However, as Sierra Club points out, electric vehicles do emit significantly less air pollution when they are operated in places like California, which relies more heavily on renewables like hydropower to generate electricity. Lifecycle emissions from electric cars drop even further as we retire more coal plants and switch to cleaner sources of power. To find out how clean your electric car would be today in the state you’d charge it in, you can plug your zip code into the EPA’s “Beyond Tailpipe Emissions Calculator.”

Source: Climate Progress. Reproduced with permission.

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  1. Petra Liverani 6 years ago

    In some months, Norway’s highest selling car is the Tesla Model S – that’s impressive for a luxury electric vehicle – but in Norway EVs are exempt from taxes, tolls and parking fees and they can drive in bus lanes. And because of the much longer range of the Tesla and the fact that it loses a much lower percentage of its range on snowy roads it’s much more attractive than other EVs.

    Of course, we need to start the transition to EVs too but is our government incentivising it? While Elon Musk is such an inspiring, amazing leader in the decarbonisation transition we’ve got Tony Abbott dragging ours dangerously backwards.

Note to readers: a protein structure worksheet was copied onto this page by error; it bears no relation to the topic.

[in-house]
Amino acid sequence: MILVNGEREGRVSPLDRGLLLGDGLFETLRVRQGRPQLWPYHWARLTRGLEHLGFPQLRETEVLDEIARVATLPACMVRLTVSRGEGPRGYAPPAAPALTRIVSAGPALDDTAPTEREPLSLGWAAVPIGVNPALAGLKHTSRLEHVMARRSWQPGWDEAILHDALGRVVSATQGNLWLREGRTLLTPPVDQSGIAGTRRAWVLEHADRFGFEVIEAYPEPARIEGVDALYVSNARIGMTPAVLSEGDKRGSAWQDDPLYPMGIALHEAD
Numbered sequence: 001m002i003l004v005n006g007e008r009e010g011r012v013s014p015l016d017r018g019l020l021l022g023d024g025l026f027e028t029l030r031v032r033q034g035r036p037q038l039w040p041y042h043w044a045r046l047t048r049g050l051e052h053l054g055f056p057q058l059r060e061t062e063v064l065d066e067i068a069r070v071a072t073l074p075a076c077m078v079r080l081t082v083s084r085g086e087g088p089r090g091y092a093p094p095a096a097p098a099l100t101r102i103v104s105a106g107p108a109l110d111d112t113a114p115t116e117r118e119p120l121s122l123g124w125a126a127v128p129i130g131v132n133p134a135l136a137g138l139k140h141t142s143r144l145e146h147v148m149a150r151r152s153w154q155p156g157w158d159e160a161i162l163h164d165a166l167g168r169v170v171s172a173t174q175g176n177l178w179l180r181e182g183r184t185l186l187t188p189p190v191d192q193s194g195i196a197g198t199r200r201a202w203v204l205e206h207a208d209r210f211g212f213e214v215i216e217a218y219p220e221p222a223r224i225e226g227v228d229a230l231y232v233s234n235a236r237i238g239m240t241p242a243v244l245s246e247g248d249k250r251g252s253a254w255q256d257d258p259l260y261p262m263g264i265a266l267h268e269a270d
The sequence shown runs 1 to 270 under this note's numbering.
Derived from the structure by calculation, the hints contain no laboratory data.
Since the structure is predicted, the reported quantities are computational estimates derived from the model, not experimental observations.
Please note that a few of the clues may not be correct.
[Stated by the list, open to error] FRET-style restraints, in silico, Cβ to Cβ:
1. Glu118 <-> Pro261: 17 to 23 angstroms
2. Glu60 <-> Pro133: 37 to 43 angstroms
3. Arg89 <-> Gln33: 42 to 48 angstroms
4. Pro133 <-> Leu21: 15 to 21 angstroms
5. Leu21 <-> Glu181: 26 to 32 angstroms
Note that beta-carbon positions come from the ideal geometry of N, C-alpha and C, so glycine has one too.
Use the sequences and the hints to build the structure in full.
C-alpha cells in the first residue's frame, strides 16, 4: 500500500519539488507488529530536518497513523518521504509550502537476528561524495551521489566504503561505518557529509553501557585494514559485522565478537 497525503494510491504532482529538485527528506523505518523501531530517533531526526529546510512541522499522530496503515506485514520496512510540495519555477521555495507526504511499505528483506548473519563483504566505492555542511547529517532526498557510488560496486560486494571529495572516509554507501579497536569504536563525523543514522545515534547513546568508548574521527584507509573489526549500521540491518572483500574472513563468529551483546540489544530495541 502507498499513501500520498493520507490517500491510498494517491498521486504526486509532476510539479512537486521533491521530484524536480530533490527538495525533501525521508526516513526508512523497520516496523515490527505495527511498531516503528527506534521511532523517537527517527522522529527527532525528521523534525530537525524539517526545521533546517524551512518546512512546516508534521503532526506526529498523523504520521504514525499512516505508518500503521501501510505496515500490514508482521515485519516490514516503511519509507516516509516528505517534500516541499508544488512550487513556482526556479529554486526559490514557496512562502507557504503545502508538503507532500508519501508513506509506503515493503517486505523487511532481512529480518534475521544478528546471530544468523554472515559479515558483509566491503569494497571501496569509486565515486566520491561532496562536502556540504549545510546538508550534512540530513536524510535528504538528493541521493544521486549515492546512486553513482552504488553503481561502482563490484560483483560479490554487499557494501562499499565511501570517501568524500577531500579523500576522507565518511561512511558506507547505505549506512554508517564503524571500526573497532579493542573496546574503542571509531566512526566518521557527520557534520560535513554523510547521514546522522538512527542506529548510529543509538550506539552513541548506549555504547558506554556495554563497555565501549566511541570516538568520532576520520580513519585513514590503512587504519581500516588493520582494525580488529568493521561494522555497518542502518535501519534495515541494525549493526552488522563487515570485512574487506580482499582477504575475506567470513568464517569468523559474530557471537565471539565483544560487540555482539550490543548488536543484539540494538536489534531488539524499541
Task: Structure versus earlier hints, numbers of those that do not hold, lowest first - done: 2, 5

2. Daylight Times 6 years ago

    We’d encourage governments to not set the sun too early during afternoon/early evening peak traffic times. That’s of course when it’s your hemisphere’s turn (northern or southern) for the longer days – Helps reduce the need for headlights that guzzle the life out of car batteries.

  3. John P 6 years ago

    In Australia, the cosy relationship between big government, big auto and big oil will ensure that the cheaper, cleaner option won’t make an appearance any time soon. An honest government would be a good start but I won’t be holding my breath.

    • objectman 6 years ago

      I agree with this mostly, but the feeling I get is that anything Tony don’t like right now might actually be good. Sure big oil & coal has his ear, but he’s put so many people offside already, he might think twice about pis**ng us all off again – on a topic that has world momentum (solar power & green cars). Also – any second now there’s going to be a very cheap cool-looking electric car on the roads and just like solar panel envy, people will be wanting those. The government has noting to do with this unless they start actively penalising people for going solar or electric..

  4. Diego Matter 6 years ago

    I’m waiting for the $100/kWh battery for my home storage.

    Awesome developments are underway that will disrupt many fossil industries. Watch out incumbents!

    • Pied 6 years ago

      You will be waiting a long time. $100kWH is what it will cost Tesla. Double that by the time it gets to retail you in Oz.

  5. HeatherGraceful 6 years ago

    gambit -> gamut